The temperature scales are on the rise and the snow has almost melted. After the dreary, gray, cold of winter comes spring, refreshing the earth and our spirits with beauty and promise. The time has come to bid adieu to winter and celebrate the exuberance and warmth of the lovely spring with arms wide open.
However, with exquisite beauty, comes a small price to pay! Spring brings with it a host of potential health ailments which are hard to steer clear of. Nevertheless, prevention and ample care can protect you to some measure from getting the worst of it. Here are some common spring time illnesses that are about to rear their ugly head with the first blossom of the season:
When pollen count is on the high, many people are prone to allergies, which run the gamut from mild to ripping-your-hair-out bad. Of these, nasal allergies are the most widespread manifestation, causing a runny nose, nasal congestion, itchiness, post-nasal drip and dry throat, excessive sneezing, persistent coughing, fevers, and dark circles under eyes. If you are allergic to pollen, your best bet is to stay indoors on windy days and when the pollen count in high. During the high allergy season, keep your windows and doors shut, and don’t hang-dry your laundry outside where it may pick up pollen. Keeping window air conditioning on recirculation also helps to keel the outside air out.
While colds are a nuisance all through the winter, they are ever more persistent during the spring. One way to protect yourself from a bout of cold is to wash your hands frequently. Try to stock up on plenty of Vitamin D and C, and eat a healthy, balanced diet to boost your immune system. If you do catch a cold, try to get some rest, slurp up chicken soup, and sip honey in warm water.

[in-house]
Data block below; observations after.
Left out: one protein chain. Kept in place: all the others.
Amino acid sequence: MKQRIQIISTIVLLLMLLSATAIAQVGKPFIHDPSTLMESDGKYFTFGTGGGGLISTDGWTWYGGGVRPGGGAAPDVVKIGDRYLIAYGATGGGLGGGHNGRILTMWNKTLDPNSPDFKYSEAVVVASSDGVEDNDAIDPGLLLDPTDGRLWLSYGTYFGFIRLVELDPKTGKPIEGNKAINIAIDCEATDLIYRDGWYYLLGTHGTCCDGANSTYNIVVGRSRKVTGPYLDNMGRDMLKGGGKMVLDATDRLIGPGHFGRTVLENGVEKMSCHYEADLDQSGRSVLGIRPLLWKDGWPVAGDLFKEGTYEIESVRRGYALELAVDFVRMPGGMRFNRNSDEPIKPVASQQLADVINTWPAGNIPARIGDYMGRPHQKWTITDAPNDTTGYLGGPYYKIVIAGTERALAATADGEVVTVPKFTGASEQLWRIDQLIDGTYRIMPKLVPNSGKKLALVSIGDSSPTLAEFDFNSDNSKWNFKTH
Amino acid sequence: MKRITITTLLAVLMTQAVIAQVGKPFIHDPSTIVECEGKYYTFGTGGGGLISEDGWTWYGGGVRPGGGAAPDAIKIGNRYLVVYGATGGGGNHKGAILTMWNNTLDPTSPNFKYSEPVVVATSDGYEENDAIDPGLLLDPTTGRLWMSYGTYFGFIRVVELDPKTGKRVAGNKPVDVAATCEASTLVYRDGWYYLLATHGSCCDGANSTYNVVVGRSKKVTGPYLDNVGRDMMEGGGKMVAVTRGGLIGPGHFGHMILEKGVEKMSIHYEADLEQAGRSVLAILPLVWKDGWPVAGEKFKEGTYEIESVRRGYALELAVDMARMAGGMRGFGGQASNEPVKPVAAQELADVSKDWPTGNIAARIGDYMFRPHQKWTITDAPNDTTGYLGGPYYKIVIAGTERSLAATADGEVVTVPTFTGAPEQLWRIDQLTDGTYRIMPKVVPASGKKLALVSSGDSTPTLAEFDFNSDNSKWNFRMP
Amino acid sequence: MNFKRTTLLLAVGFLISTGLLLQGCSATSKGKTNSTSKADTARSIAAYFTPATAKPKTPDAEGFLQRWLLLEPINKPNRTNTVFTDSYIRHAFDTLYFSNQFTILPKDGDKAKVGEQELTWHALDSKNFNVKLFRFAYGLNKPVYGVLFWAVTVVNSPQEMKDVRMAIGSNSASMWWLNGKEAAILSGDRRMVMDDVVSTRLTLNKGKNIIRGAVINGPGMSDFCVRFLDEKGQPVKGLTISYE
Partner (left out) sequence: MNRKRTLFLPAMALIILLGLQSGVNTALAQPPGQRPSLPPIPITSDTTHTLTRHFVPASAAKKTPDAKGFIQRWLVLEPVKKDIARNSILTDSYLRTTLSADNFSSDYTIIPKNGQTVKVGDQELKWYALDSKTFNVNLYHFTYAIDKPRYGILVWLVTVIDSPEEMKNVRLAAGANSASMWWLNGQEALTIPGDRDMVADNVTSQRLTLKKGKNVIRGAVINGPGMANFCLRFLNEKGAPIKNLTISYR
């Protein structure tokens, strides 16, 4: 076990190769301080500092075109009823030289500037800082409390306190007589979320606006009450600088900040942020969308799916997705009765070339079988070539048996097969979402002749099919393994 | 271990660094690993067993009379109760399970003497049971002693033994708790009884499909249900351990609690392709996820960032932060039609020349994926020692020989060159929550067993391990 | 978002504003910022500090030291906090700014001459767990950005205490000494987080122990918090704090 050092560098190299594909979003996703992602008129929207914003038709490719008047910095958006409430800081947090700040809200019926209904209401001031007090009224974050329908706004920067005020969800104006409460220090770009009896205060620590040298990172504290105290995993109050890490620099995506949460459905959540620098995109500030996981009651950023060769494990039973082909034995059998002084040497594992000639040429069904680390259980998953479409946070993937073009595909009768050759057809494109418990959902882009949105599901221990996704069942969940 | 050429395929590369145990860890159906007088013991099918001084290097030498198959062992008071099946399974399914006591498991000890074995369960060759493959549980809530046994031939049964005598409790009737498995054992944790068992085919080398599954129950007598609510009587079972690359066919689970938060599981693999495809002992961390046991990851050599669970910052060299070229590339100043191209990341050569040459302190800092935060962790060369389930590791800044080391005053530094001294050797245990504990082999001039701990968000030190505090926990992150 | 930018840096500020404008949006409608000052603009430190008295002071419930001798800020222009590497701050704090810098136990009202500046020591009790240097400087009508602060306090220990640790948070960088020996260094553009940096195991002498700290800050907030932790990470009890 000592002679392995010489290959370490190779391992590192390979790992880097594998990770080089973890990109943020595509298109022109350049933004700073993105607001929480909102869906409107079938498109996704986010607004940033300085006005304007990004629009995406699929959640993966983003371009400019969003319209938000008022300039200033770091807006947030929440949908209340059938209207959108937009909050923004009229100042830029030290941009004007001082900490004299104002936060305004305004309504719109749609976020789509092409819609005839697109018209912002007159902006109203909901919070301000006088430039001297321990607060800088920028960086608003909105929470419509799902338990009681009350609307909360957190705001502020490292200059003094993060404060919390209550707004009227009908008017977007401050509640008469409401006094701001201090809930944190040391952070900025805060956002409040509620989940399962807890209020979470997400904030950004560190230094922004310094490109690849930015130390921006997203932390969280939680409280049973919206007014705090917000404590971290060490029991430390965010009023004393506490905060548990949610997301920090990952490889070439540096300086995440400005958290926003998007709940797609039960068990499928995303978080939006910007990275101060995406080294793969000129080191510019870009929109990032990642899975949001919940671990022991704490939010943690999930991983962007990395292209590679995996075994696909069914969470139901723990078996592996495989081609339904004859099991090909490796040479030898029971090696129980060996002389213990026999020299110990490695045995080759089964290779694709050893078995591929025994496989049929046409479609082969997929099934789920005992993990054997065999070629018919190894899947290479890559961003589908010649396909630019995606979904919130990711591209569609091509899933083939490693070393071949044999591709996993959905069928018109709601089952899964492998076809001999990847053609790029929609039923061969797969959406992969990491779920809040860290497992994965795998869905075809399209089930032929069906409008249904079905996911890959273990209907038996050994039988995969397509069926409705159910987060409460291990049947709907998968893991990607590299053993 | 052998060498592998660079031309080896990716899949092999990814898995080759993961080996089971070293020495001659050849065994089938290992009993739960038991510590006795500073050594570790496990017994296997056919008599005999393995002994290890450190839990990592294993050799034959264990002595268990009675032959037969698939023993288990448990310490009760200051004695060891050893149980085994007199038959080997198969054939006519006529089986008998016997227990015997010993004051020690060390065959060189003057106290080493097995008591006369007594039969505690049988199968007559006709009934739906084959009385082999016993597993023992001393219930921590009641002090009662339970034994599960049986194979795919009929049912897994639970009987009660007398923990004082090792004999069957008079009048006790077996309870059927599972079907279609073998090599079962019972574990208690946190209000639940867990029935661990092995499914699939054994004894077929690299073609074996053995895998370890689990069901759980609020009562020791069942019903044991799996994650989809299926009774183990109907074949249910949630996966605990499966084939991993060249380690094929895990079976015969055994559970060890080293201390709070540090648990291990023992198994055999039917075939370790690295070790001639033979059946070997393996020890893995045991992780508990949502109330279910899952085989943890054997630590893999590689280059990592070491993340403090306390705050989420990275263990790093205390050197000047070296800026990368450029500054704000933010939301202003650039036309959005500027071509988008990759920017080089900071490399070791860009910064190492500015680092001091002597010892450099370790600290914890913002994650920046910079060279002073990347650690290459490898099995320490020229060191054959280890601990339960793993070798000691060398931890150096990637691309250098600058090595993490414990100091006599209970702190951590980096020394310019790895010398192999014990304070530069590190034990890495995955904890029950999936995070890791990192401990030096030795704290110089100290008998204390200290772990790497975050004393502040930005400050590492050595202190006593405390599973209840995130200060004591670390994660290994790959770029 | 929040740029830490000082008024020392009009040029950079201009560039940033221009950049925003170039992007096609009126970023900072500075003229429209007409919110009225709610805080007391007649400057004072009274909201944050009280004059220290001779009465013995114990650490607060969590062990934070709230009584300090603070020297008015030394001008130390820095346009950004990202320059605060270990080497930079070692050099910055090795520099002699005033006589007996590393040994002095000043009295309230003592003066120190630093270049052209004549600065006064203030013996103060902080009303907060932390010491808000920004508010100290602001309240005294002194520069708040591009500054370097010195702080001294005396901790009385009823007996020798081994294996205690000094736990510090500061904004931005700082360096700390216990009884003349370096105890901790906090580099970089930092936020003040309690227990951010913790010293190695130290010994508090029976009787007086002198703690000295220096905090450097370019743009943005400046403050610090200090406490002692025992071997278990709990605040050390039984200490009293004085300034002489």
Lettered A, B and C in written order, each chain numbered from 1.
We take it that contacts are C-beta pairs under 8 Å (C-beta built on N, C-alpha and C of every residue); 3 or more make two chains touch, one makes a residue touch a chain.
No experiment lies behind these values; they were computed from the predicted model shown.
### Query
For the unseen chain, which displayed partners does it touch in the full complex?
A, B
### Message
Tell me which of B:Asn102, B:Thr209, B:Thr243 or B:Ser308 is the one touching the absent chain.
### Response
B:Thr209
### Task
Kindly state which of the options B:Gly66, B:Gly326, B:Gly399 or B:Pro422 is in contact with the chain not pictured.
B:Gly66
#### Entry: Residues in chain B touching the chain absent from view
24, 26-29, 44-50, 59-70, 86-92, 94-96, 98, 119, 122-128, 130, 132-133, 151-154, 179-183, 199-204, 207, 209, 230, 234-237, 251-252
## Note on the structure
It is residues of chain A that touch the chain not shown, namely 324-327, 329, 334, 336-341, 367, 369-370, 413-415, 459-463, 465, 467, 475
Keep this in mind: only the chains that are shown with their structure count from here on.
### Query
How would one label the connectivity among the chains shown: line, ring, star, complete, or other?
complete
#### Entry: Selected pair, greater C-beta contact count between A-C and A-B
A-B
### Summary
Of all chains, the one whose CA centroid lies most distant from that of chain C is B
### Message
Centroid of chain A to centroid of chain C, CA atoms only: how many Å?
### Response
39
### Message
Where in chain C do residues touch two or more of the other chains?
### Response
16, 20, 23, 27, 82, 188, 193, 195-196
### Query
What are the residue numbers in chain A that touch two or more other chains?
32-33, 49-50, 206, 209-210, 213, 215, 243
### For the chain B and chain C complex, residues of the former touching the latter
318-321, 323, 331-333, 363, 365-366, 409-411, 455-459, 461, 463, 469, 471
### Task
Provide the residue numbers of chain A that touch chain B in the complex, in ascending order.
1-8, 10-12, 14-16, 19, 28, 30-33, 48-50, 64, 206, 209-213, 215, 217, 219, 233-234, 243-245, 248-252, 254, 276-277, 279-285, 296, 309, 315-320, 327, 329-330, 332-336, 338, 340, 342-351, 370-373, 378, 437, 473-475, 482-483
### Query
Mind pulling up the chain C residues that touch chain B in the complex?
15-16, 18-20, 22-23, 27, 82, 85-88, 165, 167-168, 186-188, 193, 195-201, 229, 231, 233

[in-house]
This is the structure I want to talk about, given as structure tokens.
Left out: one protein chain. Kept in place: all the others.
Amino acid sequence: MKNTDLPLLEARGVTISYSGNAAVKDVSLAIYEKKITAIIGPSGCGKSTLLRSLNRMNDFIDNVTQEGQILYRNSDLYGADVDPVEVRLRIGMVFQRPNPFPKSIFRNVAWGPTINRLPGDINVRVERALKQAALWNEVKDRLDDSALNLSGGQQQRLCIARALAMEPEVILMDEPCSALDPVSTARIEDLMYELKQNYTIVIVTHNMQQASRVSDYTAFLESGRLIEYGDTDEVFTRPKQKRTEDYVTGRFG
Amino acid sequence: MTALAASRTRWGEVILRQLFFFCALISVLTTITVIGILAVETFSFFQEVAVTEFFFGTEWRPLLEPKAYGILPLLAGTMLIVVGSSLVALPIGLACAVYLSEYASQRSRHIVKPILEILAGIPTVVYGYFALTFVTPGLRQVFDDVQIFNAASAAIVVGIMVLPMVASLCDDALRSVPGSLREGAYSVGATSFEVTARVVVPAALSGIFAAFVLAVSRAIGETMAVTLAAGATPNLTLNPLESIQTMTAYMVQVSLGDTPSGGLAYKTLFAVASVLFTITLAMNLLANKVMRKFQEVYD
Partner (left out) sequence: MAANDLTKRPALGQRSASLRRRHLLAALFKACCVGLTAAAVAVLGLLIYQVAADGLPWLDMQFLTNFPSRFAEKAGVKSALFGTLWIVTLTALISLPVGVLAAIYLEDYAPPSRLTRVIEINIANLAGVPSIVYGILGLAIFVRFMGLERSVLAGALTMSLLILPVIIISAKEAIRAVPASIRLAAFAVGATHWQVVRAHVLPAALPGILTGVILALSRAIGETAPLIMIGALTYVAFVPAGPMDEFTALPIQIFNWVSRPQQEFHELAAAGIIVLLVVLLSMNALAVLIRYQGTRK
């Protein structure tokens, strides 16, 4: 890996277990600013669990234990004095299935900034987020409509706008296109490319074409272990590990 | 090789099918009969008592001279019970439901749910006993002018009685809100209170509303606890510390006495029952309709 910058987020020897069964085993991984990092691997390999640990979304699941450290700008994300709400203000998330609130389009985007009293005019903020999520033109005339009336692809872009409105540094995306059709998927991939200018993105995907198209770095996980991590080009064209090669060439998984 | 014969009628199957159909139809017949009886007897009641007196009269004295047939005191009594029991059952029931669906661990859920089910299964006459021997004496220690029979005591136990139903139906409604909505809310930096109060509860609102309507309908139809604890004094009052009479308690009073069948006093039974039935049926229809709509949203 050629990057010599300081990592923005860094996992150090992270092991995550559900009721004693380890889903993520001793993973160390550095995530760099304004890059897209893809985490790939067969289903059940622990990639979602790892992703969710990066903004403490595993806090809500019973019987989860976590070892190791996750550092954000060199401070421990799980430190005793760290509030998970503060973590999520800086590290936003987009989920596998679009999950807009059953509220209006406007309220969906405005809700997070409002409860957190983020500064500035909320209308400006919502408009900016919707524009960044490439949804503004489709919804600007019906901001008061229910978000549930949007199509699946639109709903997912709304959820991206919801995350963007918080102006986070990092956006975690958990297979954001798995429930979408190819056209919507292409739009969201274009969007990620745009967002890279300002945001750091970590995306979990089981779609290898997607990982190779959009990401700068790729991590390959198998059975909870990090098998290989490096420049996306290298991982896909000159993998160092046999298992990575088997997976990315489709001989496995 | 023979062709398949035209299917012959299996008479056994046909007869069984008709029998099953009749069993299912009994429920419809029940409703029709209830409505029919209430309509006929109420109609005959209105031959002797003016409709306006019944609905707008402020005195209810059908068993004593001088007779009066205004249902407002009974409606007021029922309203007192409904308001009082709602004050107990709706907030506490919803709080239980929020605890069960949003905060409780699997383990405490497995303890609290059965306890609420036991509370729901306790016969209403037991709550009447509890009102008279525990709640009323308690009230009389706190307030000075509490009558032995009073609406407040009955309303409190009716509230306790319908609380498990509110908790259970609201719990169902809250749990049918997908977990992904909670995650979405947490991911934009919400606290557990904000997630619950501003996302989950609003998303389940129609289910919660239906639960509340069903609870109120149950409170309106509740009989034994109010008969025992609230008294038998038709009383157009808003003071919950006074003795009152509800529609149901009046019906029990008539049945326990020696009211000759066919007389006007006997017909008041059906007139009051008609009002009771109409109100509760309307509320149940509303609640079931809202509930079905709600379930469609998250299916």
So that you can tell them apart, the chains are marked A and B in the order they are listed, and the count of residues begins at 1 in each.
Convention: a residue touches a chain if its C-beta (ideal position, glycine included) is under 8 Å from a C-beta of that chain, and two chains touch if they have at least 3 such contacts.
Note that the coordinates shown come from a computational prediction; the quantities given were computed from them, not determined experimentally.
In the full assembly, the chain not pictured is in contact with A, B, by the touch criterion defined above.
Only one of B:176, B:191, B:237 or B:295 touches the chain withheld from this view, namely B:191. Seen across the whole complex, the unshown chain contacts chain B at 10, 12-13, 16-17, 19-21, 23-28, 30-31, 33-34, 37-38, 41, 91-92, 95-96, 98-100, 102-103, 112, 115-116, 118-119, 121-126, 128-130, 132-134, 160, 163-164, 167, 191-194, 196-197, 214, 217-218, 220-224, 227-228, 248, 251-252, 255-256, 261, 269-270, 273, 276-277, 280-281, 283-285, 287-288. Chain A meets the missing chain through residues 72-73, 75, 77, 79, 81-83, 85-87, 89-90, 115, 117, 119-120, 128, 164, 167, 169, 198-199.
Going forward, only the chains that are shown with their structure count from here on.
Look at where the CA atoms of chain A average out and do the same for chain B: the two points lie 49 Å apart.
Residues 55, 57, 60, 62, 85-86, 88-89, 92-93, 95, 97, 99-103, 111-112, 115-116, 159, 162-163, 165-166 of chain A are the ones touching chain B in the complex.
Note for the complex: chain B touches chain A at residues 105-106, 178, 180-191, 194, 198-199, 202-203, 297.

When we talk about spring time illnesses, Strep throat can be a debilitating and painful condition. A severely sore throat, complemented by a fever as well as swollen tonsils, can leave you gasping in bed. Since Strep throat is contagious, the only way to avoid it is to steer clear of anybody who has contracted it. Instead of pushing your illness too far, visit a doctor immediately for a diagnosis.
We are not the only ones delving in to the balmy warmth of spring! Spring welcomes with it all types of creatures that have been hiding away during the winter, and that means the bugs as well. Lyme disease is commonly spread by the deer tick, which can be found in wooded areas and tall grass. While not as contagious as a flu or cold, Lyme disease can leave you with muscle pain, headache, chills, and fever, as well as skin rashes. If you plan to enjoy the blooming season by taking a hike or biking in the wild, wear light and breathable cotton clothing, making sure that your skin is entirely covered to avoid ticks. If you do find a tick on your skin, remove in immediately with a pair of tweezers.
With the rising temperatures, heightens the possibility of contracting spring Dermatitis, especially in the month of April. Spring Dermatitis is a sort of photosensitive skin disease, caused by an allergic reaction to ultraviolet radiation or allergic reaction. According to experts, always wear sunscreen when heading out to prevent your skin from damage wreaked by the ultraviolet rays. Refrain from using make-up that incorporates a high quantity of light-sensitive material. Load up on plenty of fresh fruits and vegetables rich in Vitamin A during the season. Never wash your face with hot water, alkaline soap, or a coarse face cloth.
Like seasonal allergies, asthma can flare up in the spring. Common triggers include pollen, air temperature changes, yard fertilizers, and insect repellants. Don’t forget potential indoor triggers from spring cleaning, such as dust and cleaning chemicals. Contact your doctor if you have trouble controlling your asthma symptoms or need your rescue inhaler more than twice a week. Remember to use your peak flow meter to check your asthma control. You can buy a meter at your local pharmacy or drug store.
Are you suffering from any of these spring time illnesses? What protective measures are you taking?